As another variant, the transient fragments in supplemental storage on the current storage node can be moved at a smoother rate to permanent storage on the added storage node assigned their associated ESI (block 502), using methods similar to those described above for smoothing the read repair rate of the pre-storage repair policy. For example, instead of immediately moving the transient fragments to permanent storage on the added storage node, the movement of transient fragments can be performed at a smooth rate. A potential cost of providing smoothness is that slightly more storage overhead may be required, in order to ensure that there are enough complete storage nodes at all points in time, as an added storage node is not complete until all fragments for all objects have been received. An advantage is that the peak repair bandwidth used for moving transient fragments to permanent storage on added storage nodes can be much lower, approaching the average repair bandwidth for this movement.

As another variant, the fragments associated with the ESI (or ESIs) assigned to the current storage node can be generated at a smoother rate (block 505), using methods similar to those described above for smoothing the read repair rate of the pre-storage repair policy. For example, instead of immediately generating the fragments and storing them in permanent storage on the current storage node, the generation of fragments can be performed at a smooth rate. A potential cost of providing smoothness is that slightly more storage overhead may be required, in order to ensure that there are enough complete storage nodes at all points in time, as the current storage node is not complete until all fragments for all objects have been received. An advantage is that the peak read repair bandwidth used for generating fragments and storing them to permanent storage on the current storage node can be much lower, approaching the average read repair bandwidth for this generation.

As another variant, when a current storage node fails, all of the transient fragments stored in supplemental storage are lost (as well as the fragments stored in permanent storage associated with the ESI assigned to the current storage node). Thus, when a current storage node fails, the pre-generation of the transient fragments lost due to the failure can be reassigned to other current storage nodes according to this variant. As still another variant, as the pre-storage repair policy is being executed on a current storage node, the transient fragments assigned to be pre-generated by that current storage node may be re-assigned to other storage nodes. For example, a current storage node that is currently responsible for pre-generation of a larger than average number of transient fragments may re-assign a fraction of these transient fragments to other nodes as the transient fragments become ready for pre-generation.

As other variants, there are many different alternatives for deciding which transient ESIs, and how many transient ESIs, to add to the future repair queue. For example, one alternative is to have an ordered pool of potential ESIs P, where the number of ESIs in P is at least the maximum of the number of transient ESIs and permanent ESIs at any point in time for the system. Each time a transient ESI is to be added to the future repair queue, the smallest ESI in the pool P that is not either a transient ESI or a permanent ESI is used. As another variant, the pool of potential ESIs P may exclude any ESI that corresponds to a source fragment. As another variant, the next ESI added to the list of transient ESIs may be selected to be a source ESI whenever there is a source ESI that is not currently in the list of transient ESIs and not a permanent ESI. Which ESIs to add to the list of transient ESIs may also be determined, at least in part, based on the set of currently permanent ESIs and current list of transient ESIs and which combinations of additional ESIs would most improve the reliability of decoding, for example when using an FEC code that is not a priori known to be MDS, such as the RAPTORQ code.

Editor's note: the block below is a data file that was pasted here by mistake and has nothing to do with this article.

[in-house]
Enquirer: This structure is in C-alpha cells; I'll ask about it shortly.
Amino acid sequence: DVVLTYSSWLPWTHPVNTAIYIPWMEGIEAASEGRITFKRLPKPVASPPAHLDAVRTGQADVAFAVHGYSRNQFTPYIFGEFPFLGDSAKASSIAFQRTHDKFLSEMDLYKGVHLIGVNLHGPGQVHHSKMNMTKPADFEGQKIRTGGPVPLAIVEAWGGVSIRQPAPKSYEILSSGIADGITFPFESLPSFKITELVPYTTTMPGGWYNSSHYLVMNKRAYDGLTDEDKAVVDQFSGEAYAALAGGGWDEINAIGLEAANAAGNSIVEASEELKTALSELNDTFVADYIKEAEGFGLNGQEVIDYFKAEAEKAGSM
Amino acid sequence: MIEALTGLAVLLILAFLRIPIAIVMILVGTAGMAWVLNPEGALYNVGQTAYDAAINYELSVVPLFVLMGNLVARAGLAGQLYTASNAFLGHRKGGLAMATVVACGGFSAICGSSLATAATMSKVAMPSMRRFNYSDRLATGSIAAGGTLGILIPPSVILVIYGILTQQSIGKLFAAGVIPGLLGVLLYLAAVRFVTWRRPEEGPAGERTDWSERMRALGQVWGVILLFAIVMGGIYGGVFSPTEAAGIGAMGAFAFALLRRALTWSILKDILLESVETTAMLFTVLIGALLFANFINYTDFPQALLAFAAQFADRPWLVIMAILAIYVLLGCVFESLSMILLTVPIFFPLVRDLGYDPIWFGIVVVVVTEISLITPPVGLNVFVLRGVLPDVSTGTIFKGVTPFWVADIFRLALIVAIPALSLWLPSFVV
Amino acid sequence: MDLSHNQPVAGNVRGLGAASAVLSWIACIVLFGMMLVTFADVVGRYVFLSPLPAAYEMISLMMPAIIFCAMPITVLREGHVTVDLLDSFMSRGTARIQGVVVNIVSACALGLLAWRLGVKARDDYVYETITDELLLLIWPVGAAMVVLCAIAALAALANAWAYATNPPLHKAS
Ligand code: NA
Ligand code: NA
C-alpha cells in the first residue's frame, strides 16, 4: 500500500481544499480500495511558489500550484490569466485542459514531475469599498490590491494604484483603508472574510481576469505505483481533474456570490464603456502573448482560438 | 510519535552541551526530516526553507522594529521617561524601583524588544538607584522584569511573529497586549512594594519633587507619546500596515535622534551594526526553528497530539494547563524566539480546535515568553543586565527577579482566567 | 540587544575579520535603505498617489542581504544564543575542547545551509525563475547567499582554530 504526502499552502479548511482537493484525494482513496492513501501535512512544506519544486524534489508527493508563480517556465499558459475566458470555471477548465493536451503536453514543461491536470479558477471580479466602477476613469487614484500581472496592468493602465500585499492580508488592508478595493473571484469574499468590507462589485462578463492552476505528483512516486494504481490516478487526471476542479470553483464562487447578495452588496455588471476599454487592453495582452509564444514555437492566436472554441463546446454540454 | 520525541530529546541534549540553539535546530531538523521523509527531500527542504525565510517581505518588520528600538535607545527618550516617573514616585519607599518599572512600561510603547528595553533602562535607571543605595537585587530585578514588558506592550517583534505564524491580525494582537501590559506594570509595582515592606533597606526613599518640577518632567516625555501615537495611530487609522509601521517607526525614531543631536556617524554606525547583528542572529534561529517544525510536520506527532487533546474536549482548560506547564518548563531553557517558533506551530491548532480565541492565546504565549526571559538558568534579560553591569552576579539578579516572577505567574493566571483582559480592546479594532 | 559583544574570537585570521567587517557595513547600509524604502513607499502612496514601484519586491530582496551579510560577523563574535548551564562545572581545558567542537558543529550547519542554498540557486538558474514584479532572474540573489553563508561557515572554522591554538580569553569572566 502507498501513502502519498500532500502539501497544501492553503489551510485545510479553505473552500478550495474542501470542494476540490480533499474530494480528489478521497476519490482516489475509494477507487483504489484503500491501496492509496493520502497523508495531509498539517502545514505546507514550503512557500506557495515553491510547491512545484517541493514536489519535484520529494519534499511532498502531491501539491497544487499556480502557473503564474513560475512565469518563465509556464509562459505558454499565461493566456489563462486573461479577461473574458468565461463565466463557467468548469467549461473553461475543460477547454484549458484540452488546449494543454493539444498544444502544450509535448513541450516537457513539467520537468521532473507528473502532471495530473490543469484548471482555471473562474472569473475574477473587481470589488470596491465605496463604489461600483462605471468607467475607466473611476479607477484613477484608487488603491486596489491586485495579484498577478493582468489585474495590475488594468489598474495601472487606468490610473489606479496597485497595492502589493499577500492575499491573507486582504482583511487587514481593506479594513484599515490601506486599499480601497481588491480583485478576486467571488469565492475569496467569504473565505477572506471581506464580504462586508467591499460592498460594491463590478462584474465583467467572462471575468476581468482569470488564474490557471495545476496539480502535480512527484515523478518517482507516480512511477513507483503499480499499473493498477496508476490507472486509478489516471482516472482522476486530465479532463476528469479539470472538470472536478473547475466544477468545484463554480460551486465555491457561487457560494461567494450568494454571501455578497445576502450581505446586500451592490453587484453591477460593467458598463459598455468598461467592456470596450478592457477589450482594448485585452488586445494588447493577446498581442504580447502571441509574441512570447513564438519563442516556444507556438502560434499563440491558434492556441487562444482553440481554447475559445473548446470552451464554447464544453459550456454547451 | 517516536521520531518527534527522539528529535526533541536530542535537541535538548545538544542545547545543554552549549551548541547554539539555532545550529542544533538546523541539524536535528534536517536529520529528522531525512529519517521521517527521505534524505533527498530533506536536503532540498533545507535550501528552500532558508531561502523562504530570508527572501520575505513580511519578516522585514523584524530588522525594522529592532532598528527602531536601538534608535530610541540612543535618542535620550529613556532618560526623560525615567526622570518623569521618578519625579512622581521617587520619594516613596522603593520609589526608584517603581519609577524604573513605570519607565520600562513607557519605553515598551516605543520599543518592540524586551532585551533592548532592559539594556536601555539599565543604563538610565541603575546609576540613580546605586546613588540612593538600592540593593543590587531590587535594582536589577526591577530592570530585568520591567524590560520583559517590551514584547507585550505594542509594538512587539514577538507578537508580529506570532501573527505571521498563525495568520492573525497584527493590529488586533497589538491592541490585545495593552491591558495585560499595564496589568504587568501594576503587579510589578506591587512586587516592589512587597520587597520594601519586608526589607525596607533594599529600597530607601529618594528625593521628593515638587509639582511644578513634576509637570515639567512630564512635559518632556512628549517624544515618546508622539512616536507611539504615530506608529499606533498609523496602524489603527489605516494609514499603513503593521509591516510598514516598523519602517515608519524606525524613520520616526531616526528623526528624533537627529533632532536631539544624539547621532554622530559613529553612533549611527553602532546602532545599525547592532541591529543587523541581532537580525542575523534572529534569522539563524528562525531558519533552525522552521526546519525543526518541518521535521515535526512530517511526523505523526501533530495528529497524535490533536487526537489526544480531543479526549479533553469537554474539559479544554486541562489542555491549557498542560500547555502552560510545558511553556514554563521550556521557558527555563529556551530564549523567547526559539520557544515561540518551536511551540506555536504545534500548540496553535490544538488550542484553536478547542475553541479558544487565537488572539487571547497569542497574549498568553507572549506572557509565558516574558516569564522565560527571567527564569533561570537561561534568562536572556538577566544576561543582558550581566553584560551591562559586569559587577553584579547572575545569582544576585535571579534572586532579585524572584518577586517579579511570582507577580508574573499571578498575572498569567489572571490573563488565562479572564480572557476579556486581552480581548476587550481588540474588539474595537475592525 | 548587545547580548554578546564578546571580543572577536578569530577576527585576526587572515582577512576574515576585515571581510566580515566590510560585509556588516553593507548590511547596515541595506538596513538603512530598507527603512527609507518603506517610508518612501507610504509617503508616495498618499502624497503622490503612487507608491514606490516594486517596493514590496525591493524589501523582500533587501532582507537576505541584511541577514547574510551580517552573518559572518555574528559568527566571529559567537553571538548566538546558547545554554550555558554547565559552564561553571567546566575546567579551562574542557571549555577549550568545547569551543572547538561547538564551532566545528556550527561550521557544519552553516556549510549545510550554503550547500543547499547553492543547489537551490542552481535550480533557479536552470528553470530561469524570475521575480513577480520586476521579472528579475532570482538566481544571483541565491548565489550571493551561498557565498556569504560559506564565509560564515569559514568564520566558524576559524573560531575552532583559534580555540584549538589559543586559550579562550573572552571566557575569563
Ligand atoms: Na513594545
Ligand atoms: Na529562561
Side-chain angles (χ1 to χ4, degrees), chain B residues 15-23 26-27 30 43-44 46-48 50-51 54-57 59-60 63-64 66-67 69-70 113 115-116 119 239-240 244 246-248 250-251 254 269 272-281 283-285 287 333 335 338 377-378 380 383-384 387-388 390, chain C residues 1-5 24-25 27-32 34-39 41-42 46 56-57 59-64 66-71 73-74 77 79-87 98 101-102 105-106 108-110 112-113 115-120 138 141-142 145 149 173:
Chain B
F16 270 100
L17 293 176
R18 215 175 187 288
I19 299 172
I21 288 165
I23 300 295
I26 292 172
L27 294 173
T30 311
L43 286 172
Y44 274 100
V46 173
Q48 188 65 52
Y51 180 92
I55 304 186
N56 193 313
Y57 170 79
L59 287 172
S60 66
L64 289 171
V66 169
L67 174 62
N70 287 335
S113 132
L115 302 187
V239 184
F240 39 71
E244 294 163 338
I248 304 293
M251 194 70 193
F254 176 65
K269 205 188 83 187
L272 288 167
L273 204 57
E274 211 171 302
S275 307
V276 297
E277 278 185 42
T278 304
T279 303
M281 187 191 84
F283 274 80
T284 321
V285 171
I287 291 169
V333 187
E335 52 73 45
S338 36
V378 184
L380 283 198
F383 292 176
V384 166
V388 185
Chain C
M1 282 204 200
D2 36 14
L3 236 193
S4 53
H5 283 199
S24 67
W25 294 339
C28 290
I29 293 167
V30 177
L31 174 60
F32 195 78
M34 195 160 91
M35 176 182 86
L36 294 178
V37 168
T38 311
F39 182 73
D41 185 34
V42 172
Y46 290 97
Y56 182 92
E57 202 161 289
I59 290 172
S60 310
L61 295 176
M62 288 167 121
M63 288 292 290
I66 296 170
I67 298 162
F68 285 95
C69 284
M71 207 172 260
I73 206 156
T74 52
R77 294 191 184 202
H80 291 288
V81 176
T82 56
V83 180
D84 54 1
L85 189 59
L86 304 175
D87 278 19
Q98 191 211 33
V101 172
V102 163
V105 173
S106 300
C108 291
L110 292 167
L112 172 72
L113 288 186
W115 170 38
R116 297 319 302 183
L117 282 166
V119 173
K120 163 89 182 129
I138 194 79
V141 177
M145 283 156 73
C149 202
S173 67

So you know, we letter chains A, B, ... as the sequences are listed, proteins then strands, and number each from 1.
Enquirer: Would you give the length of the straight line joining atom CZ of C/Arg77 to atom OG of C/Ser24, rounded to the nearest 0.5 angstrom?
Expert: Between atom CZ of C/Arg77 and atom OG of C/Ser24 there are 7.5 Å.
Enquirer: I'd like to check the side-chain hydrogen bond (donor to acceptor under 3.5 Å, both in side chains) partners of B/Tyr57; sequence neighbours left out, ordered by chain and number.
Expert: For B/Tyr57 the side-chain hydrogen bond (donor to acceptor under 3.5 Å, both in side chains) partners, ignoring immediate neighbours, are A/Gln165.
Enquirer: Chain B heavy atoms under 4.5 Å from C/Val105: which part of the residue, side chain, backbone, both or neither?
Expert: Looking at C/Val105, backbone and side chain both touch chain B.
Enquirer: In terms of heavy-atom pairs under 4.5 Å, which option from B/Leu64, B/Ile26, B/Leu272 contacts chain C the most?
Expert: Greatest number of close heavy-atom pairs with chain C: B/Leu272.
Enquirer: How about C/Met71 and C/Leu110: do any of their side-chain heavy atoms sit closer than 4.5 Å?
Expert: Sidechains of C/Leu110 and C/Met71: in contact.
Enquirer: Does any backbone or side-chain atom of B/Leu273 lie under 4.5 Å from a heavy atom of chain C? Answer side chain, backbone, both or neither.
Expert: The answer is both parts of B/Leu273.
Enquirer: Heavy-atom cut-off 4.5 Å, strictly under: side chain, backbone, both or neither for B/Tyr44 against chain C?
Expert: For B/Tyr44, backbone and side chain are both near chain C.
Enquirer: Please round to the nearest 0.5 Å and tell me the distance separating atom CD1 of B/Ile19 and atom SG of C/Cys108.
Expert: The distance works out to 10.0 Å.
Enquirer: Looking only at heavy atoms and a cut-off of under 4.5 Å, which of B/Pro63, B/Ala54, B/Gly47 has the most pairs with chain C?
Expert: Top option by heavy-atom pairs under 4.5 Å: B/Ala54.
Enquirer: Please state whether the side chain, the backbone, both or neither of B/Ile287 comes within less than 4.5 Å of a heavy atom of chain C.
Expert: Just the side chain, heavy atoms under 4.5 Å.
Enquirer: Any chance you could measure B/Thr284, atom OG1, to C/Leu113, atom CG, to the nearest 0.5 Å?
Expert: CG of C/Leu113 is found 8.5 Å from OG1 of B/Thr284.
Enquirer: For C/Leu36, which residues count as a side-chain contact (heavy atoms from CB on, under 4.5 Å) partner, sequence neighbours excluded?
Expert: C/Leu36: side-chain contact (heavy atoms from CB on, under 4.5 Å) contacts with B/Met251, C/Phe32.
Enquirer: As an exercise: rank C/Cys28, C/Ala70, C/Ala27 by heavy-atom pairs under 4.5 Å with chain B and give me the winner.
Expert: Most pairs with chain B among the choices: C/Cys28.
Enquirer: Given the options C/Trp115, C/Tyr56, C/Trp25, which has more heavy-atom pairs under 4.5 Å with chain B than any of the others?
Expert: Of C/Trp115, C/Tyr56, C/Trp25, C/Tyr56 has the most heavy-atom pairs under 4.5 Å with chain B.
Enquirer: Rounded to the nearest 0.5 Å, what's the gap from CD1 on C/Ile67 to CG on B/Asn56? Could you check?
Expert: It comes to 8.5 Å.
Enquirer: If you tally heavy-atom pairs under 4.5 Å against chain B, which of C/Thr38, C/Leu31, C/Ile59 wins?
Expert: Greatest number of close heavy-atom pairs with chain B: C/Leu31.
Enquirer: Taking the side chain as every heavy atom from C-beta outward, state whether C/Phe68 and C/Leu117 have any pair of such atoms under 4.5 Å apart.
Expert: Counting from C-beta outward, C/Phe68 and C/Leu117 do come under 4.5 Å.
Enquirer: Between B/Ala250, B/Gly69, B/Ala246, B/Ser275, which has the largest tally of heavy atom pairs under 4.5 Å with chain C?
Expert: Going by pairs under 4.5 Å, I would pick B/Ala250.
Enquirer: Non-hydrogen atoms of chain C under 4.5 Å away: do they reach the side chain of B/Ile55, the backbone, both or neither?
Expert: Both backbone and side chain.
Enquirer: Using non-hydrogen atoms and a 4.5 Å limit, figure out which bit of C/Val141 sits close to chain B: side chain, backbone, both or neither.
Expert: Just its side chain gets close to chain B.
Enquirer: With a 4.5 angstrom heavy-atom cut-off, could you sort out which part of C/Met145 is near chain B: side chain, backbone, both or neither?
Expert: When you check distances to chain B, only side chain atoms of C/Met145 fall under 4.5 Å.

As another variant, the set of current storage nodes that are responsible for executing the pre-storage repair policy may not be the set of all currently active storage nodes, but instead may be restricted to a subset. For example, such current storage nodes may be restricted to those storage nodes that are partial storage nodes, i.e., storage nodes that are not complete.

It should be appreciated that the concepts herein are not limited to application with respect to implementing supplemental storage with respect to storage space remaining unused awaiting fragment generation by a repair policy implementing deferred object repair. Accordingly, embodiments may establish some portion of storage space as supplemental storage overhead that is reserved for the pre-storage of pre-generated fragments (referred to herein as a reserved supplemental storage implementation). For example, in a reserved supplemental storage implementation of embodiments, some portion of storage capacity may be reserved on each storage node as supplemental storage overhead (A) for repair functionality. In accordance with embodiments, there may thus be two types of reserved repair capacity including the per storage node supplemental storage overhead, wherein an A fraction (e.g., A≈0.2 of the storage capacity according to embodiments) of capacity per storage node is reserved for repair, and the additional storage node overhead, wherein a β (e.g., β≈0.1 of the storage capacity according to embodiments) fraction of the storage nodes are redundant (e.g., a fragment for each object is stored on each of M storage nodes, wherein any k=M·(1−β) fragments of an object are sufficient to recover the object).